Yet Untitled 012 - Of Umbrellas and Exploding Hedgehogs
Strange Dreams / Protection from your Inner Censors
My dearest Yet Untitlers,
We are still far away from the rains here in Mumbai but the heat is already taking its toll. I saw someone faint at the Andheri passport application centre on Wednesday because of the heat! It isn’t surprising to me that I’m sending you a newsletter full of umbrella images.
For a long time, I considered this photograph to be “my best shot”. It was exhibited at a small show and a few people even bought prints. Enthused, I extended myself into the world of art and curation, hoping to be invited in and for this to develop into some sort of side hustle. When this did not happen, it left me nursing a dollop of resentment. Hmmmm. A door that I wanted to open simply didn’t. And this took its toll.
In The Artist’s Way, Julia Cameron talks about our inner censors - the caricature villains who live inside us, constantly naysaying. What we perceive as failure strengthens these noisy troublemakers. Cameron’s prescribed method of dealing with inner censors is first and foremost recognition - knowing who/what they are. We think they are actual people, but in truth they are an accumulation of negative causes that have latched on to our own insecurities, not allowing them to disappear. She recommends a variety of exercises that help with getting past them - morning pages being one - a tool I’ve used effectively many times.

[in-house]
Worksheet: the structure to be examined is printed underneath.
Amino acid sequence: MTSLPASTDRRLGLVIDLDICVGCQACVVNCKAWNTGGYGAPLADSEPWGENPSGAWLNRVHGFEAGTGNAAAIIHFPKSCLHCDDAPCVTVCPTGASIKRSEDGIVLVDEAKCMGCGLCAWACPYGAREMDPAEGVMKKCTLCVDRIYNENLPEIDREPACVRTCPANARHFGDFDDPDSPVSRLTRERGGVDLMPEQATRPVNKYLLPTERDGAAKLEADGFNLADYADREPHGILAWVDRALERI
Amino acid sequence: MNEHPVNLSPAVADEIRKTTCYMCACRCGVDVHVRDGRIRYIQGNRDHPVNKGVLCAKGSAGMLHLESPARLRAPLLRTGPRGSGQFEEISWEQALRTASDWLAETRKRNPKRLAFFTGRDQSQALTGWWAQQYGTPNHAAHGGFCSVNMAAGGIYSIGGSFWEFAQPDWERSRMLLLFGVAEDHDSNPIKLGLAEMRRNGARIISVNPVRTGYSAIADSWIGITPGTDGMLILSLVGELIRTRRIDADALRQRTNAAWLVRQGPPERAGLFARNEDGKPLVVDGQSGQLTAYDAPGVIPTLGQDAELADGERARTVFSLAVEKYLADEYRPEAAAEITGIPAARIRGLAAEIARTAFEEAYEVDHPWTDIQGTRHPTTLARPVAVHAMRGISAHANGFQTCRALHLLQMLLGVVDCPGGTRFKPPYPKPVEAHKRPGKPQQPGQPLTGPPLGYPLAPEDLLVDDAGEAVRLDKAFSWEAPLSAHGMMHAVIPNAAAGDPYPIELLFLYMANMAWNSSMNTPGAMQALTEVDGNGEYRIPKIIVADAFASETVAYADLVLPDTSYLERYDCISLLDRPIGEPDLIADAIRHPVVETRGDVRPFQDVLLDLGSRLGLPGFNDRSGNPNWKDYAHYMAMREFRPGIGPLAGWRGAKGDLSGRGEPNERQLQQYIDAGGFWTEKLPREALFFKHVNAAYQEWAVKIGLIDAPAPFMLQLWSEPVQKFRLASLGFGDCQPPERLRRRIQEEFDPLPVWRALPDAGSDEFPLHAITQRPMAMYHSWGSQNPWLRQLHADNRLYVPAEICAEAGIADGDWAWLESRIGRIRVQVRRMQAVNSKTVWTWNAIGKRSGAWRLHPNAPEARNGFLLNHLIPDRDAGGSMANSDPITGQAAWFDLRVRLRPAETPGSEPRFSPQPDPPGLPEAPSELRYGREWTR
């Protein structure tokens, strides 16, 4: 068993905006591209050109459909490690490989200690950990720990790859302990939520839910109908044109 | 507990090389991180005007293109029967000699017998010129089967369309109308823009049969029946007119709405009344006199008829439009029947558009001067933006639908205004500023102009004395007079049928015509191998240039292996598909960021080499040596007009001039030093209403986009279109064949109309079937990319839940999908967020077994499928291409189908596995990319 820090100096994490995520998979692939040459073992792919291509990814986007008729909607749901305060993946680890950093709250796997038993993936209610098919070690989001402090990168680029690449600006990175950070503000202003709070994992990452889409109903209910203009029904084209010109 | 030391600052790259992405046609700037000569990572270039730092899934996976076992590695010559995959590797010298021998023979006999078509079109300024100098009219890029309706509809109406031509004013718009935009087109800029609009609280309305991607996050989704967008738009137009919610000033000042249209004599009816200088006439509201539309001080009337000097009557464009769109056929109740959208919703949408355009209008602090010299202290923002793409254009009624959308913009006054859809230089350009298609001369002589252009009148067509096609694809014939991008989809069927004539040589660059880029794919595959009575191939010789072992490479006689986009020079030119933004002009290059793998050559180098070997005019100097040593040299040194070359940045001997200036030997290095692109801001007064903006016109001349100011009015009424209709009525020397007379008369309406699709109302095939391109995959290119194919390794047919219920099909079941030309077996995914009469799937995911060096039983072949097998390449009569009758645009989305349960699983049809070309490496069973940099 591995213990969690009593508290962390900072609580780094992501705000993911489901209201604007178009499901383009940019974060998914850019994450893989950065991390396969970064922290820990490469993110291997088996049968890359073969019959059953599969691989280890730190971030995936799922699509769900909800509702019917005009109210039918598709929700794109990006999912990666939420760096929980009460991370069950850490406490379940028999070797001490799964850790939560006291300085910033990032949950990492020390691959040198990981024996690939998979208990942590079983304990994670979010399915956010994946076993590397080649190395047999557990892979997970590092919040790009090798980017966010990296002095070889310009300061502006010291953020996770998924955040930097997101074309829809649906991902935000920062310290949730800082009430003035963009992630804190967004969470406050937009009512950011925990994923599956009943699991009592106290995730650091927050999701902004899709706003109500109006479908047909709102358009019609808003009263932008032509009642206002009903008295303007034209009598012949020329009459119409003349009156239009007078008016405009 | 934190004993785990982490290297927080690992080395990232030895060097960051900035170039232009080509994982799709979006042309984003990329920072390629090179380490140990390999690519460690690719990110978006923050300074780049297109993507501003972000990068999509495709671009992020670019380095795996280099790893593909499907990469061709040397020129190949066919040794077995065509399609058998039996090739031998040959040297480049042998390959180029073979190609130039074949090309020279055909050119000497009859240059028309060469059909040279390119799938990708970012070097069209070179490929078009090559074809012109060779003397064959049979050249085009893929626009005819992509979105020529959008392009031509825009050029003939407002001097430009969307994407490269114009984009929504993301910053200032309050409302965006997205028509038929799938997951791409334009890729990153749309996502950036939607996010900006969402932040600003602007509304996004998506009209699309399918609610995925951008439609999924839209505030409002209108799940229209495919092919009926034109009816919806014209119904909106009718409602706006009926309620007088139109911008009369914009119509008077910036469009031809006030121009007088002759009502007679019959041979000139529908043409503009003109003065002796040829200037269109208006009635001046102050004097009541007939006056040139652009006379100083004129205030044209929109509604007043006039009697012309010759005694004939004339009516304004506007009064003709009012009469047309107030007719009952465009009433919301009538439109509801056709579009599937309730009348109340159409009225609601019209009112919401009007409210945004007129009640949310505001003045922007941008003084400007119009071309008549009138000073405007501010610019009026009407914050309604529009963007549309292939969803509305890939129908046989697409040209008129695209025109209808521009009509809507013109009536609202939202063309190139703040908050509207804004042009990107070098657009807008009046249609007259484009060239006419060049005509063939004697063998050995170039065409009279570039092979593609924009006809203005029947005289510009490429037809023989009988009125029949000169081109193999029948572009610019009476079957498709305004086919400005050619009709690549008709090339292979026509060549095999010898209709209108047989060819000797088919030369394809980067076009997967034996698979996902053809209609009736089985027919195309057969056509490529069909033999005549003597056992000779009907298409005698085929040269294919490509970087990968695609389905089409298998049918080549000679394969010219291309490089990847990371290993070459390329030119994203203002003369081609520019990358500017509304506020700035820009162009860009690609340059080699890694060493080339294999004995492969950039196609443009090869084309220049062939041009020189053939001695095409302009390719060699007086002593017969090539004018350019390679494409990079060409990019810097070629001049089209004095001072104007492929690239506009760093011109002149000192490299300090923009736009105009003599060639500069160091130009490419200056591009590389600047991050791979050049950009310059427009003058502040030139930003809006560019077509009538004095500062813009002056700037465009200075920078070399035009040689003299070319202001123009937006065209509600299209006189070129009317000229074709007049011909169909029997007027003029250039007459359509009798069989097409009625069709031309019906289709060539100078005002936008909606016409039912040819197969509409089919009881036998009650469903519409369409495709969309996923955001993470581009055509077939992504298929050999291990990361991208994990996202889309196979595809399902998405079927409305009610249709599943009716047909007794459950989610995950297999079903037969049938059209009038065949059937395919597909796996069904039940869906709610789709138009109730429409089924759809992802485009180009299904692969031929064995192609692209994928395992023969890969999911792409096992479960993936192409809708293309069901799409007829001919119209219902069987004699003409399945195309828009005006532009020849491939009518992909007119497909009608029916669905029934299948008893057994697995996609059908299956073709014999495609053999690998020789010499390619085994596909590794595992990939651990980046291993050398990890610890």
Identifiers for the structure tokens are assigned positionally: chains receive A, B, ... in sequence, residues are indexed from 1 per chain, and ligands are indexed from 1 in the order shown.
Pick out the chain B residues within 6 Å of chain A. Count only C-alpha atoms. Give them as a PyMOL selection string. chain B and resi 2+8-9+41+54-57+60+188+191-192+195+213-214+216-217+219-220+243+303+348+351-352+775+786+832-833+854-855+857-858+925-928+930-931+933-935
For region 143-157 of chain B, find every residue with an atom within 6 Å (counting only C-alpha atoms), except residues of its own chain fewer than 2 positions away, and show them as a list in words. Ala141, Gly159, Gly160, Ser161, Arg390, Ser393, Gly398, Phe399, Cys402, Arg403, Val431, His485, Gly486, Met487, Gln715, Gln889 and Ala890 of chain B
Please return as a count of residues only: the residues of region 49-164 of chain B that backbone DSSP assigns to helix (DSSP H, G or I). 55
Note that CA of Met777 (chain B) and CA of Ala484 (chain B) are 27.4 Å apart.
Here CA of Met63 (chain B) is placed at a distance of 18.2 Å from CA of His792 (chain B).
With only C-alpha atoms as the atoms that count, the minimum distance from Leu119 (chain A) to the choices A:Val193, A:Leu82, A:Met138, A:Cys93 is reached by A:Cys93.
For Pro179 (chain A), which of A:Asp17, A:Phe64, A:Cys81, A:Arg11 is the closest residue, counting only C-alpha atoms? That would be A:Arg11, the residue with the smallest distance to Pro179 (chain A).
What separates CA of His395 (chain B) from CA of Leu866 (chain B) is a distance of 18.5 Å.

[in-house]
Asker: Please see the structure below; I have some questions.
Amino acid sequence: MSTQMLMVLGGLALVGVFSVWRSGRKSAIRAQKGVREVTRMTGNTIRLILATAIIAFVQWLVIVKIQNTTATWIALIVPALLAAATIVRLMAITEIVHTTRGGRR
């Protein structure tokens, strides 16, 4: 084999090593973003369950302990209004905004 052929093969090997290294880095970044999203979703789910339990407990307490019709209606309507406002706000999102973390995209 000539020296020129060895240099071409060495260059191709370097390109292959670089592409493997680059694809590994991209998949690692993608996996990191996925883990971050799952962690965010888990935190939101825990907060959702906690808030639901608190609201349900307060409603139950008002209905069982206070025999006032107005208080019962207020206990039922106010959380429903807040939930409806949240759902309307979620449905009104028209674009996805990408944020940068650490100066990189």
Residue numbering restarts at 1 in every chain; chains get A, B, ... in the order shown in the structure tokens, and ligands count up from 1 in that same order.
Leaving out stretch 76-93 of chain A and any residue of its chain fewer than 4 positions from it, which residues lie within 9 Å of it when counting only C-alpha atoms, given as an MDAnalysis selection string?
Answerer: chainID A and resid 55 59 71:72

To say the least, I’ve collected my share of of inner censors over time.
One of the reasons why writing this newsletter has been so wonderful is that it has allowed me to pinpoint and target (for obliteration) all such lingering regrets, disappointments and despondencies - my collective of inner censors - that I carry with me from my 20s and 30s. And you - my dear readers - have been fantastic here - simply by listening. Even your not hitting ‘unsubscribe’ so far is something I take as a validation. It has, after all these years, found me calling myself a photographer. And this is no small thing.
So, dear Yet Untitlers, I thank you for your Umbrella - this safe space that we find inside the thoughtful bubble of our conversation. It delights me in the same that Satsuki’s umbrella delighted her newfound furry friend in Miyazaki’s My Neighbour Totoro (which is also my perennial recommendation to all people of all ages - something son the side of life that I consider it to be a true treasure of our times!)
Want to tell me about your own close encounters of the inner-censor kind?
Here’s someone who could really use a sturdy umbrella:
This artwork is from my work-in-progress graphic novel - Long Walk at the Break of Day (spoken of in Yet Untitled 008). It’s based on a dream I had - induced by a Past Life Regression Therapy session conducted by my wonderful friend Vikramjit, who I allowed to take me under via hypnosis at a time when I was confused about a lot of things in my mid 20s.